Layla and Majnun
This is a similar love story, this time of Arab/Middle Eastern descent, and has several (often embellished) versions. The version more familiar to me is one in which the lovers meet as young children in school, where ‘Majnun’ (which means mad-man, his real name was actually Qais) used to get beated by the schoolmaster for not paying attention to schoolwork. Yet wherever he was beaten, Layla would be the one who bled his wounds. Sounds Stigmata-type creepy, but it’s meant to be romantic. This led to a lot of uproar about devilry and a whole lot of scaremongering, and the children were seperated until they met in their youth (so they were teenagers really) and carried on their love affair. Along came another meddling relative, this time in the form of Layla’s brother Tabrez, who refused to let them get married, leading to a fight in which Tabrez is murdered by the crazed-with-love Majnun. The standard punishment is, of course, a good stoning or two, which Majnun is subjected to until Layla agrees to marry another man to save him. See a pattern here? Layla is married off (cattle again) while the boyfriend is exiled to the deserts. Layla’s hubby, however, got fed up of Layla pining after Majnun like an emo, and, with his men, went to hunt him down and kill him. The climax of this story is that when Hubby kills Majnun, at the exact same miment, Layla also dies.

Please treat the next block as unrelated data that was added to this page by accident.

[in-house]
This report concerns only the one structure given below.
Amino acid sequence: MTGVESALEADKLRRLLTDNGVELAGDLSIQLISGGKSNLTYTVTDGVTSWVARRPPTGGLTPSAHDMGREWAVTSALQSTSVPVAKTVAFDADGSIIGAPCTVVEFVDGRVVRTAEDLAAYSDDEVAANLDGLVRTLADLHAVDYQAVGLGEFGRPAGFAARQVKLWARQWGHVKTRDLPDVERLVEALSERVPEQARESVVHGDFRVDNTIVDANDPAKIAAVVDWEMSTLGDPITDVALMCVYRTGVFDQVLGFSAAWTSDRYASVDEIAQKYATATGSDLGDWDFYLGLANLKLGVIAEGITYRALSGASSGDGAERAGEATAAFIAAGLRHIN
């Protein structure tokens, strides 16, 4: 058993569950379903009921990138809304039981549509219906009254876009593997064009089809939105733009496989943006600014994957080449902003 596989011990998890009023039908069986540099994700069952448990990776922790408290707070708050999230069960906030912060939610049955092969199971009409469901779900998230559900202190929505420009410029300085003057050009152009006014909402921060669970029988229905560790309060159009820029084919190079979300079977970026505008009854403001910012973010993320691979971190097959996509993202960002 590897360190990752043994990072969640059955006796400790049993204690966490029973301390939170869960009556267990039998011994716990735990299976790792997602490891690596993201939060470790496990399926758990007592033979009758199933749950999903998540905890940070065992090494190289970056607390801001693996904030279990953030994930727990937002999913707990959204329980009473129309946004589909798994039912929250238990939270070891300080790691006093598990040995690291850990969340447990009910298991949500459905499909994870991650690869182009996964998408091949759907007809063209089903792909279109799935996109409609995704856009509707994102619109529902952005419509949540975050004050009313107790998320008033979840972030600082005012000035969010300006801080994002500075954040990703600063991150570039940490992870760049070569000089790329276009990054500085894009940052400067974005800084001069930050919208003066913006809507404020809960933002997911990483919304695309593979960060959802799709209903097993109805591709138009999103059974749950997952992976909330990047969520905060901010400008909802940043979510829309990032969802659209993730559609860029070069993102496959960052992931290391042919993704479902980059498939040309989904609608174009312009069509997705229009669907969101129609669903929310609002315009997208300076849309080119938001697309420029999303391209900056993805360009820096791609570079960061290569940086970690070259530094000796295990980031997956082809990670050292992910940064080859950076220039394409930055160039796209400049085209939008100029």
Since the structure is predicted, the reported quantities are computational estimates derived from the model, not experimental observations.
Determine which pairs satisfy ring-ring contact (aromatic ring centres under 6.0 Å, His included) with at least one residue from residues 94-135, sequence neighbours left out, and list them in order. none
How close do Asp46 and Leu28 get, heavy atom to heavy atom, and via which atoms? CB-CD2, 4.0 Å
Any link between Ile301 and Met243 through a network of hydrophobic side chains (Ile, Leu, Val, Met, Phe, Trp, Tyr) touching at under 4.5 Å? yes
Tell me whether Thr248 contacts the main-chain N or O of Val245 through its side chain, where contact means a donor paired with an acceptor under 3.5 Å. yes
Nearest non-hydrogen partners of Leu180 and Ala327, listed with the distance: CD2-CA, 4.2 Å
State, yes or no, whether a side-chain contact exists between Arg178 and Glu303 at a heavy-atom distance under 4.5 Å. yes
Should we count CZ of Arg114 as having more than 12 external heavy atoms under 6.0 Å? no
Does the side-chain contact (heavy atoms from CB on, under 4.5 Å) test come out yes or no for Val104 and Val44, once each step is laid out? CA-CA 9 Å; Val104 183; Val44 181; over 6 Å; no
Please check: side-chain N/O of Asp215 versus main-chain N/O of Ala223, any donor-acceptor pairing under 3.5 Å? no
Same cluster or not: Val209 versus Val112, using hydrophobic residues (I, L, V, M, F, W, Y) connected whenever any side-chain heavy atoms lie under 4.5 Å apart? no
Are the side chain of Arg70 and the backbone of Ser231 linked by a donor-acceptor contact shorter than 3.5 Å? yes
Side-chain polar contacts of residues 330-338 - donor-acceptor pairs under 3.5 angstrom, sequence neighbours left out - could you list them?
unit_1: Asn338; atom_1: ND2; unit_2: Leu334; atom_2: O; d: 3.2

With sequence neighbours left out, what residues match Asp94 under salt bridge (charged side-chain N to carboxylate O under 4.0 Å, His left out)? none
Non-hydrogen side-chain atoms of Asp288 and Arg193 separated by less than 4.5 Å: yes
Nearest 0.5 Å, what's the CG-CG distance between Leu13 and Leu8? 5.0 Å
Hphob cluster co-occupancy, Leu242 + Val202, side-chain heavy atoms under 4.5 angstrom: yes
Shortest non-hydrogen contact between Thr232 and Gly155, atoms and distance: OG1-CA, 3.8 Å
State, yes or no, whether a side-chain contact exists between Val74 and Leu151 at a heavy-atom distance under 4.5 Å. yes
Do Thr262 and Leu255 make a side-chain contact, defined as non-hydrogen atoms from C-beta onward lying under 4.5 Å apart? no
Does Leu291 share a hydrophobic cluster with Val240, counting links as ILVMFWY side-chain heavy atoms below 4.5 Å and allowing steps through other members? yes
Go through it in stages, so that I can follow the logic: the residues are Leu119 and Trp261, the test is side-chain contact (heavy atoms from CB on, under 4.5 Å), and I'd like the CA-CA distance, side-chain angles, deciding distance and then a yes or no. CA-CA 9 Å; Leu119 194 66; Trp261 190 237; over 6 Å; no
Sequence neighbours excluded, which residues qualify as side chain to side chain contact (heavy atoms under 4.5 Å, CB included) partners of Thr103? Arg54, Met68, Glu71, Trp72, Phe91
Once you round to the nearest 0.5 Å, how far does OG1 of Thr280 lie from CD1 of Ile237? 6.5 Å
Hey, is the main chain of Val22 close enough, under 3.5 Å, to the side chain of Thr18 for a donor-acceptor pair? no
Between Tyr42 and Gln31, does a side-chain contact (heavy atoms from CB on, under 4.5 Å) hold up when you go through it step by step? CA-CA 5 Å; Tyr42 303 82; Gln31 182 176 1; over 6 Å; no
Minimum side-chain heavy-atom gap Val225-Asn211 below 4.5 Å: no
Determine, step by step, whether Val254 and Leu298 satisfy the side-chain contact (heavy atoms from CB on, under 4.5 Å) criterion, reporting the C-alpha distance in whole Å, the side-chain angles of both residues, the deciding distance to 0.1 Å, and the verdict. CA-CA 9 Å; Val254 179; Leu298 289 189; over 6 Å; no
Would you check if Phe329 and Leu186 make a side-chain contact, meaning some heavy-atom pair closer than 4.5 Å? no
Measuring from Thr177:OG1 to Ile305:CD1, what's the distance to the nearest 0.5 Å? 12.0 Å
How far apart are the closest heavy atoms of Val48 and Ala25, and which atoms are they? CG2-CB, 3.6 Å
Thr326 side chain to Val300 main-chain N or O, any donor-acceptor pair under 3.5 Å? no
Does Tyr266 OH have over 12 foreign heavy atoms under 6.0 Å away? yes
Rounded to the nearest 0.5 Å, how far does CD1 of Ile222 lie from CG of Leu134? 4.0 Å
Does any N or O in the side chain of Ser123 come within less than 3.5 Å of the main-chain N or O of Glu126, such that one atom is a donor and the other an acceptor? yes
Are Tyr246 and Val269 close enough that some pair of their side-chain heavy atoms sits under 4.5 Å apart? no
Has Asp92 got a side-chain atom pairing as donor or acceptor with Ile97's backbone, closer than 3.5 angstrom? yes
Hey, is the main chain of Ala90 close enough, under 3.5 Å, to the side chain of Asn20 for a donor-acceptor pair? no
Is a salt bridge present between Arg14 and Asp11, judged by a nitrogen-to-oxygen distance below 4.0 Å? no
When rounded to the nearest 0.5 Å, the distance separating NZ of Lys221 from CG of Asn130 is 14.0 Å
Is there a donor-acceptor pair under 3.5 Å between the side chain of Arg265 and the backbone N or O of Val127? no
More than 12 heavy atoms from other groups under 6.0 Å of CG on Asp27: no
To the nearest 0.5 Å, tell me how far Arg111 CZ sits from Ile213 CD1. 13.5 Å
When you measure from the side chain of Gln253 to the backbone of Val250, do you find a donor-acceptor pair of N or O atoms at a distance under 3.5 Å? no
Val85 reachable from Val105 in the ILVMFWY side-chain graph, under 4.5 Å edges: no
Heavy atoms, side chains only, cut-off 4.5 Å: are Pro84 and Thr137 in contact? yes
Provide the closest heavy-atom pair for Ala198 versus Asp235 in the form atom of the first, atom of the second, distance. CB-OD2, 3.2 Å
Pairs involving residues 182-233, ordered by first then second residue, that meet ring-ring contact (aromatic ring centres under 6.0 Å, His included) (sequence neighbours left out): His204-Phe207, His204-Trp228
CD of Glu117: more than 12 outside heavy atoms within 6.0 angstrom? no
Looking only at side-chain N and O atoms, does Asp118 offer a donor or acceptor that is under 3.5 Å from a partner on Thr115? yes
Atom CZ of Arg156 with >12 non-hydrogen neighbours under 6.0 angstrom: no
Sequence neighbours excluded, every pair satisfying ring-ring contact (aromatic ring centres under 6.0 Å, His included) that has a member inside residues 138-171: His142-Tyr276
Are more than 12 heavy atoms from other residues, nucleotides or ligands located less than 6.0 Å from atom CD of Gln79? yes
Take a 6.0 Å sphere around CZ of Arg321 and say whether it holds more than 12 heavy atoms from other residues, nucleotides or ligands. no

The less dramatic version of this story is pretty much the same except for the mystic bleedings and the lovers both dying after writing a lot of poetry.

There’s a few more stories (to come soon!) which follow a similar theme of unreconciled, noble love and a lot of wandering around/soul-searching/tending sheep which is often the results in tragic endings.

Can any of you think of any more popular romances from non-Western cultures?

Advice for Women #3: Cry for your new toaster

Poster says it all really. How to emotionally blackmail your husband into buying household appliances that you’ve always desired. If there’s one thing those darn men don’t know how to handle, it’s a weeping woman, and what better way to shut them up than to buy them something spanking new and shiny for the kitchen? I think you should print out several of these for every occaison of the year. Don’t forget to circle the stuff you want with a strawberry-scented pen!